The public health establishment is beginning to recognize the value of using state HIV registries to bring HIV-positive patients under the care of a physician, or return them to care after they've dropped out. But, because of longstanding privacy concerns, only one state, Louisiana, has actually begun to pilot the use of an HIV registry in patient care, according to a paper in the New England Journal Medicine.
All states but one now require laboratories to report CD4 cell counts to state health departments, and all but four states also require reporting of viral loads. This data is used for epidemiological research, not in patient care. Yet nationwide, the commentary points out, "approximately 25 percent of people with HIV infection don't know their HIV status. Moreover, of those who are aware that they're infected, 50 percent are not receiving regular HIV care."
The main reason for not providing the data to physicians is that public health officials fear compromising patient privacy. Some patients don't want their doctors to know they're HIV positive. And, whether patients are aware of their condition or not, the state officials in charge of building the registries are afraid they might notify the wrong patients by mistake, the authors point out.
The increasing effectiveness of antiretroviral drugs, however, has strengthened the argument for releasing the data to caregivers and patients. It might it be unethical to withhold this information if it could help patients, and treating additional HIV-positive patients could reduce the spread of the disease, proponents contend.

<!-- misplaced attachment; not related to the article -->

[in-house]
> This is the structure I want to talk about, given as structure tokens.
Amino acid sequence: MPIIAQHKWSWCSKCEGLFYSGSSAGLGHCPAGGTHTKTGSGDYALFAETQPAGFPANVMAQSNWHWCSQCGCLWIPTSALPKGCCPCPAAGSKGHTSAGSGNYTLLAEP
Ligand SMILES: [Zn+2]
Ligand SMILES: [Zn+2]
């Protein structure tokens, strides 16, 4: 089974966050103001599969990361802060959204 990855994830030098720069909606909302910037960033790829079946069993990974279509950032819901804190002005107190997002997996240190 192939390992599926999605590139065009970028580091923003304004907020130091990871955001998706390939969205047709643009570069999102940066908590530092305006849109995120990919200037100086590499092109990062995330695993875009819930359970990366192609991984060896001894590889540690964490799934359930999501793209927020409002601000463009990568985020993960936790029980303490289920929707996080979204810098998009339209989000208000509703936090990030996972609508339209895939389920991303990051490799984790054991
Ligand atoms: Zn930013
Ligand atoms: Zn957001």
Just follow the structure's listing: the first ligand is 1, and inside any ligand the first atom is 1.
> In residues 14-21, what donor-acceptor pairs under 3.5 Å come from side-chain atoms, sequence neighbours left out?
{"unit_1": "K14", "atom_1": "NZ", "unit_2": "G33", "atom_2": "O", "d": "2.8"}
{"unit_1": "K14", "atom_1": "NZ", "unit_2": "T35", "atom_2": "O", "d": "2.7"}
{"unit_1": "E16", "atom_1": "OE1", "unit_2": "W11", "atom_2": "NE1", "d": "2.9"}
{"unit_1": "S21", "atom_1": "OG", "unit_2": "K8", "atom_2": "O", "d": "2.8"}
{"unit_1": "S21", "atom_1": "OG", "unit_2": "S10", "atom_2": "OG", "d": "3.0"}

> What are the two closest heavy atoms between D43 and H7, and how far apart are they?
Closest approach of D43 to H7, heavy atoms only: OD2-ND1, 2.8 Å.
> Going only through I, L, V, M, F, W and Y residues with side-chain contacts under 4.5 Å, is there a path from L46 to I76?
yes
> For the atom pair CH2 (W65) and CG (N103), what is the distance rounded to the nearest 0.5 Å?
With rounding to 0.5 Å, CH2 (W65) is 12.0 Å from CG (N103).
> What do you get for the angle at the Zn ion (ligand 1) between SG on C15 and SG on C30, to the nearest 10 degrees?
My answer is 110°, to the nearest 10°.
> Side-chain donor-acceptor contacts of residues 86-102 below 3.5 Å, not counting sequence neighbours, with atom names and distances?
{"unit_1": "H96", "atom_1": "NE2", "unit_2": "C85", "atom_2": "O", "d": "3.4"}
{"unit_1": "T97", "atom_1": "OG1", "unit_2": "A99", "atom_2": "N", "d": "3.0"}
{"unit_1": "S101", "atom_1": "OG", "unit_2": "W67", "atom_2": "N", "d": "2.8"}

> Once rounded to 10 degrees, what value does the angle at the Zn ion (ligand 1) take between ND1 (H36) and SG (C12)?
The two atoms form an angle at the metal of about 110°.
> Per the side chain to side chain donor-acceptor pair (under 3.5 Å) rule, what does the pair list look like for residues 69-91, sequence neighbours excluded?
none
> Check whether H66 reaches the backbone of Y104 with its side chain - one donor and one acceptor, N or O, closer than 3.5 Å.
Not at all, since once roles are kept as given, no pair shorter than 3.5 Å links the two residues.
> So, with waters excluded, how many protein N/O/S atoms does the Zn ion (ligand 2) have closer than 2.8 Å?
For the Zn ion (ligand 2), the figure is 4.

The federal Centers for Disease Control has supported release of the HIV data since 2007. Last March, it held a conference on the topic. Louisiana officials presented information on their program at the conference.
Louisiana's Office of Public Health has created the Louisiana Public Health Information Exchange (LaPHIE) to increase the number of patients with HIV and sexually transmitted diseases under treatment. The health department is piloting the release of HIV data in Louisiana's state hospital system.
When an authorized medical provider opens a patient's electronic medical record, LaPHIE alerts the caregiver if the patient is an HIV-exposed infant, or someone who has tested positive for HIV but was not informed of the results or hasn't received a CD4 test in the previous 12 months. A study of the program showed that that these alerts triggered phone calls to patients that resulted in 75 percent of HIV-positive patients returning to their doctors' care.
To learn more:
- read the New England Journal of Medicine commentary